The strongest arguments against free will are not scientific arguments but simple, a priori, deductive arguments, though like all arguments against free will, they are not persuasive, because belief in free will is not based on reason but simply a "feeling" that one has free will, even if no one can even give a coherent definition of what free will or "choices" are.
If we had absolute freedom, human behaviour would be completely unpredictable, but no one is claiming we have absolute freedom, devoid of any influences.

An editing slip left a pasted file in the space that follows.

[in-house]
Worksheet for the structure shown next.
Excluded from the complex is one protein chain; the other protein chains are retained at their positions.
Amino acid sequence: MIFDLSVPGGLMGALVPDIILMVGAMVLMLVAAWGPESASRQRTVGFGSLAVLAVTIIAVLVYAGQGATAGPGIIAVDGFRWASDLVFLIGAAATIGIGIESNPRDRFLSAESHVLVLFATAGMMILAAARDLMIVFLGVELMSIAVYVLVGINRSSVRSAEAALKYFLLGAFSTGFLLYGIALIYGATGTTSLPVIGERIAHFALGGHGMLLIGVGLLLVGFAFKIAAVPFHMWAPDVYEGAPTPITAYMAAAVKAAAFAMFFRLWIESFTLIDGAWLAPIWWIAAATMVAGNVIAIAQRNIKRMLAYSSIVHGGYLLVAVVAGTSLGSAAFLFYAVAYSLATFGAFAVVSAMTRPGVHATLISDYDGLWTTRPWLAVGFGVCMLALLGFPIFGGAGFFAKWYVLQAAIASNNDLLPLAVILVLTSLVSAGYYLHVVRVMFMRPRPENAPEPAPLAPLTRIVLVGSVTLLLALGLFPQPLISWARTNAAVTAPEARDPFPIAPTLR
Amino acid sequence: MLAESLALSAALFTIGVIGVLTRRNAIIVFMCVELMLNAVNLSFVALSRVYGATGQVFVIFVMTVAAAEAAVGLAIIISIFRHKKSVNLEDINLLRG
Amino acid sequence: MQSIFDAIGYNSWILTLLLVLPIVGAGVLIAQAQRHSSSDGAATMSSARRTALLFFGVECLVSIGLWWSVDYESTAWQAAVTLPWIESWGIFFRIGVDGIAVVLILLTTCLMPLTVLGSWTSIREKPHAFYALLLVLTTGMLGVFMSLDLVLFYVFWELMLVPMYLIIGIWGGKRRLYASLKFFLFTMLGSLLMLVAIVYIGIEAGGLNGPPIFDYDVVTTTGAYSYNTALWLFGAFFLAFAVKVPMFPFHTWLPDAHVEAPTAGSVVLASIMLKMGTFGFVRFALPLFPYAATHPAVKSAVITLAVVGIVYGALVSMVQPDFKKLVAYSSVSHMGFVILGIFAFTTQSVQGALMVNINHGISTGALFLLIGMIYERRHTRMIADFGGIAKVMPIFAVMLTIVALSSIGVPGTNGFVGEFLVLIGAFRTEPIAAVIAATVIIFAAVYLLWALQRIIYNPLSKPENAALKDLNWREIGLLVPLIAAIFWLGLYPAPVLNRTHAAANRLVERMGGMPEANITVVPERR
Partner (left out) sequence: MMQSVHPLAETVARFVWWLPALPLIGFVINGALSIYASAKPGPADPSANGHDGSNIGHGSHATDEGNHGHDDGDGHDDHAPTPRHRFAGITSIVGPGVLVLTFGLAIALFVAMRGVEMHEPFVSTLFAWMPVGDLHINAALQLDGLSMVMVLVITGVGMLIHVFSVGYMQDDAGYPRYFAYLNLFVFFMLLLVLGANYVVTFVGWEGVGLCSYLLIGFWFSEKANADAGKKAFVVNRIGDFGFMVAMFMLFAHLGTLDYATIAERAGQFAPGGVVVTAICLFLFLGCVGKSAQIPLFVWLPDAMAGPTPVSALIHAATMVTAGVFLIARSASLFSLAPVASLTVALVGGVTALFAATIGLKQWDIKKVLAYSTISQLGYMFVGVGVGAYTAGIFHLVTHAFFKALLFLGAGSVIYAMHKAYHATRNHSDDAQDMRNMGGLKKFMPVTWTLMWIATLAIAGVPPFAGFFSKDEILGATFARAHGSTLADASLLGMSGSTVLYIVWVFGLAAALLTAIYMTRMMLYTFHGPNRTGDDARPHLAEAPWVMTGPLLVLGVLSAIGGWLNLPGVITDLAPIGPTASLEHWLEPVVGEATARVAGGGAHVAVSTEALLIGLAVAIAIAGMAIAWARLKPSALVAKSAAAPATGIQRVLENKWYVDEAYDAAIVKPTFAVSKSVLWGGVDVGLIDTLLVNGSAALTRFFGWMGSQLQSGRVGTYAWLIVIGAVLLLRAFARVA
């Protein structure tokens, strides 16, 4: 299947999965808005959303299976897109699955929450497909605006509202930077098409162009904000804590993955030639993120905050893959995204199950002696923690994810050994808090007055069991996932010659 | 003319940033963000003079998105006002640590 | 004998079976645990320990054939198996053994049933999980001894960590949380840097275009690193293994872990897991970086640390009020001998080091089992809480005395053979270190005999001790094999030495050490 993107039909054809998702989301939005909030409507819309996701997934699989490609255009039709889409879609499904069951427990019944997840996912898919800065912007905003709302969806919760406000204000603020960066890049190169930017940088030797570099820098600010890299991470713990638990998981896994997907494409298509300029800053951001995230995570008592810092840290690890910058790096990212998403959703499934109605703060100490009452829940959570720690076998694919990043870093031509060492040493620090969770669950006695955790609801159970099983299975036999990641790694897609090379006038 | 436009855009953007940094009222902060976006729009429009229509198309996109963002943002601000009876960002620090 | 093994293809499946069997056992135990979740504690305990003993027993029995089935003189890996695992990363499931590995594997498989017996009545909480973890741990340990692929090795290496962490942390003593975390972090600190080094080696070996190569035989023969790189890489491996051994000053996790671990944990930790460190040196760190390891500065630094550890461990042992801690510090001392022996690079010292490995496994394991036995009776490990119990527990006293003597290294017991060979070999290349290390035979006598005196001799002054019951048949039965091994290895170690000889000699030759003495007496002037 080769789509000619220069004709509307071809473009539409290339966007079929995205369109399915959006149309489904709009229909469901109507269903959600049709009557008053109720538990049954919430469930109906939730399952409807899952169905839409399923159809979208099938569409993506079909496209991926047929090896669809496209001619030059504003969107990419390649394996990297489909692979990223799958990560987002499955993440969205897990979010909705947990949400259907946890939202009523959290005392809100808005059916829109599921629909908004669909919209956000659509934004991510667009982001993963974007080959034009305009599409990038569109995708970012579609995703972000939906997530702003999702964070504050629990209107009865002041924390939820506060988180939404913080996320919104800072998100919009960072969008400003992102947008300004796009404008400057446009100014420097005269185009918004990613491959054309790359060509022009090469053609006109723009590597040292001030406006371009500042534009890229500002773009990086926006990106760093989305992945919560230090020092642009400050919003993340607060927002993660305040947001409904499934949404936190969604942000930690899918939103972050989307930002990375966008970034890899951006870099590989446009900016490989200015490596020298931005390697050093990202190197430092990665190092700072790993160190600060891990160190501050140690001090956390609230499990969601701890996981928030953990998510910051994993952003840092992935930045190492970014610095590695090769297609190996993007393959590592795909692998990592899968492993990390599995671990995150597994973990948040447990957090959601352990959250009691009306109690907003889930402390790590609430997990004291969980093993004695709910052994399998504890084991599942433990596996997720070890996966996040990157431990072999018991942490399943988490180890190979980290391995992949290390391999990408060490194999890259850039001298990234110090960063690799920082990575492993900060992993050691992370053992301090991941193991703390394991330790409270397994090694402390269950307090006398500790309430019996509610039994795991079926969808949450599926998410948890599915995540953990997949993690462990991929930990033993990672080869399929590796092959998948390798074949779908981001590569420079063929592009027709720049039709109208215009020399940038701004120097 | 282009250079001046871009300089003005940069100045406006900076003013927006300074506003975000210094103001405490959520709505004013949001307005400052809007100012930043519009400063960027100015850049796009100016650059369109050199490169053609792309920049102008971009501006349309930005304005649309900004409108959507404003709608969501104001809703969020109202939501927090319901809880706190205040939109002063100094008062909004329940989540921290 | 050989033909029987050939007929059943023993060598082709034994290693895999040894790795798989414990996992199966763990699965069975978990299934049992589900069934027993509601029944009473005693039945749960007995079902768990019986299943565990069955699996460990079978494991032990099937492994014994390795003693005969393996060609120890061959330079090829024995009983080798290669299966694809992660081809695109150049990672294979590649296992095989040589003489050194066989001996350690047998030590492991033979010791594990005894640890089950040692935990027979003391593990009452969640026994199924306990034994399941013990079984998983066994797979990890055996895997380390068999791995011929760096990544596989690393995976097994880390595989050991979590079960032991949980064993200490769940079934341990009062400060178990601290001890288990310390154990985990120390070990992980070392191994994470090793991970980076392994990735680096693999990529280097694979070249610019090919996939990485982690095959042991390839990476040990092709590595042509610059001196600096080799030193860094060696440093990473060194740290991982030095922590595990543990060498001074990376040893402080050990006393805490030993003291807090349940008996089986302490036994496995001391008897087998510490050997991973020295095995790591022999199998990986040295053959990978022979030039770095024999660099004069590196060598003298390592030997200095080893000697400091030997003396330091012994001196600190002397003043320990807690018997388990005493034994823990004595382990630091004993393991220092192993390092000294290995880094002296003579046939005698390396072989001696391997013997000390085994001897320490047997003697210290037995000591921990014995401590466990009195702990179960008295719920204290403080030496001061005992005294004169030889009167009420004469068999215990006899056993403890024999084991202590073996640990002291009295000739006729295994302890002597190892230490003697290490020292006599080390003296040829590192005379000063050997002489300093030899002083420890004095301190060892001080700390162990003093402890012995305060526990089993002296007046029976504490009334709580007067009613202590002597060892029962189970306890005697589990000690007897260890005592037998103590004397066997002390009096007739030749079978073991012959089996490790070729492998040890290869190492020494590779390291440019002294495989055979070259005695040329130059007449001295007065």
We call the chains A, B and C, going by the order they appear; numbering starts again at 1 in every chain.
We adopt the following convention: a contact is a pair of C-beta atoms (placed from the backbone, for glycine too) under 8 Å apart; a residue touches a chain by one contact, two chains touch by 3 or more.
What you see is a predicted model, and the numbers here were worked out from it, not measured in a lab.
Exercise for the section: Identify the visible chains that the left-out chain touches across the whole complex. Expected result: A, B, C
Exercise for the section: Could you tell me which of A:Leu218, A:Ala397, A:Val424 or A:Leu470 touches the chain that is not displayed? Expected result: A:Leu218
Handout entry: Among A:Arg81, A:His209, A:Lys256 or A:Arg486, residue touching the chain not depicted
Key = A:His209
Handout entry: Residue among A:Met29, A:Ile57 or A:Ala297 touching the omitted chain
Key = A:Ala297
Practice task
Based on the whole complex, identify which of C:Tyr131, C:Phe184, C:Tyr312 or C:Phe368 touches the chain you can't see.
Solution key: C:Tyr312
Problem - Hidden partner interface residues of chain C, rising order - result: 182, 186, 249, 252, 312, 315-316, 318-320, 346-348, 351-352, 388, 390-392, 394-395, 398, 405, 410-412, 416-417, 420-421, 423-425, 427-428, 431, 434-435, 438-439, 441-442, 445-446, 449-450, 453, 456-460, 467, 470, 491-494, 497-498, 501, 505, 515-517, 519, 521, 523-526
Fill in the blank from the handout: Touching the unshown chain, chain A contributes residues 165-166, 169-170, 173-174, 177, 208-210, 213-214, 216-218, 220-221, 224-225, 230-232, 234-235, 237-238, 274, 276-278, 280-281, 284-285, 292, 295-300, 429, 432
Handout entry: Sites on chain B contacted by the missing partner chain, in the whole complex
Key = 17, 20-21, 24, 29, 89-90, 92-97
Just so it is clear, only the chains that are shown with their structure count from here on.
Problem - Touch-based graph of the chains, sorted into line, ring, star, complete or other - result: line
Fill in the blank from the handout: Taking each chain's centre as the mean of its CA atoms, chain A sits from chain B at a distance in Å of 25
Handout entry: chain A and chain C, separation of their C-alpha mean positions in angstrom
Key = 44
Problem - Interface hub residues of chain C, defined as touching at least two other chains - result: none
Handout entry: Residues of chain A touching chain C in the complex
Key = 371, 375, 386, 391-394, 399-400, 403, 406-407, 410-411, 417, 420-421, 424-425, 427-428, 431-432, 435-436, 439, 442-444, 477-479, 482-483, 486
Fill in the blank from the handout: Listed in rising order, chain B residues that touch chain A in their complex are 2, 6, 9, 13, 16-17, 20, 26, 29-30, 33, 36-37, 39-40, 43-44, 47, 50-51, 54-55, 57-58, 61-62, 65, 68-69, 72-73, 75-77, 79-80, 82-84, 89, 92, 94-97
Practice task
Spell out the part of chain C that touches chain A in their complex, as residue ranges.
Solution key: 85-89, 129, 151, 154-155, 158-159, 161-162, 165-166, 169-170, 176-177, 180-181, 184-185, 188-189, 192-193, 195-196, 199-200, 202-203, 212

You also won't get anywhere on an argument that relies upon the truth of determinism, because free will libertarians are indeterminists. They believe that the condition "I could have done otherwise" is what gives us free will. They do not realise that being able to do otherwise actually means we are *not* in control of our actions precisely *because* we might have done otherwise.
I've written about ten or so different arguments against free will here, usually several paragraphs long, but people tend to just downvote me without even leaving a comment, so I'll stop here.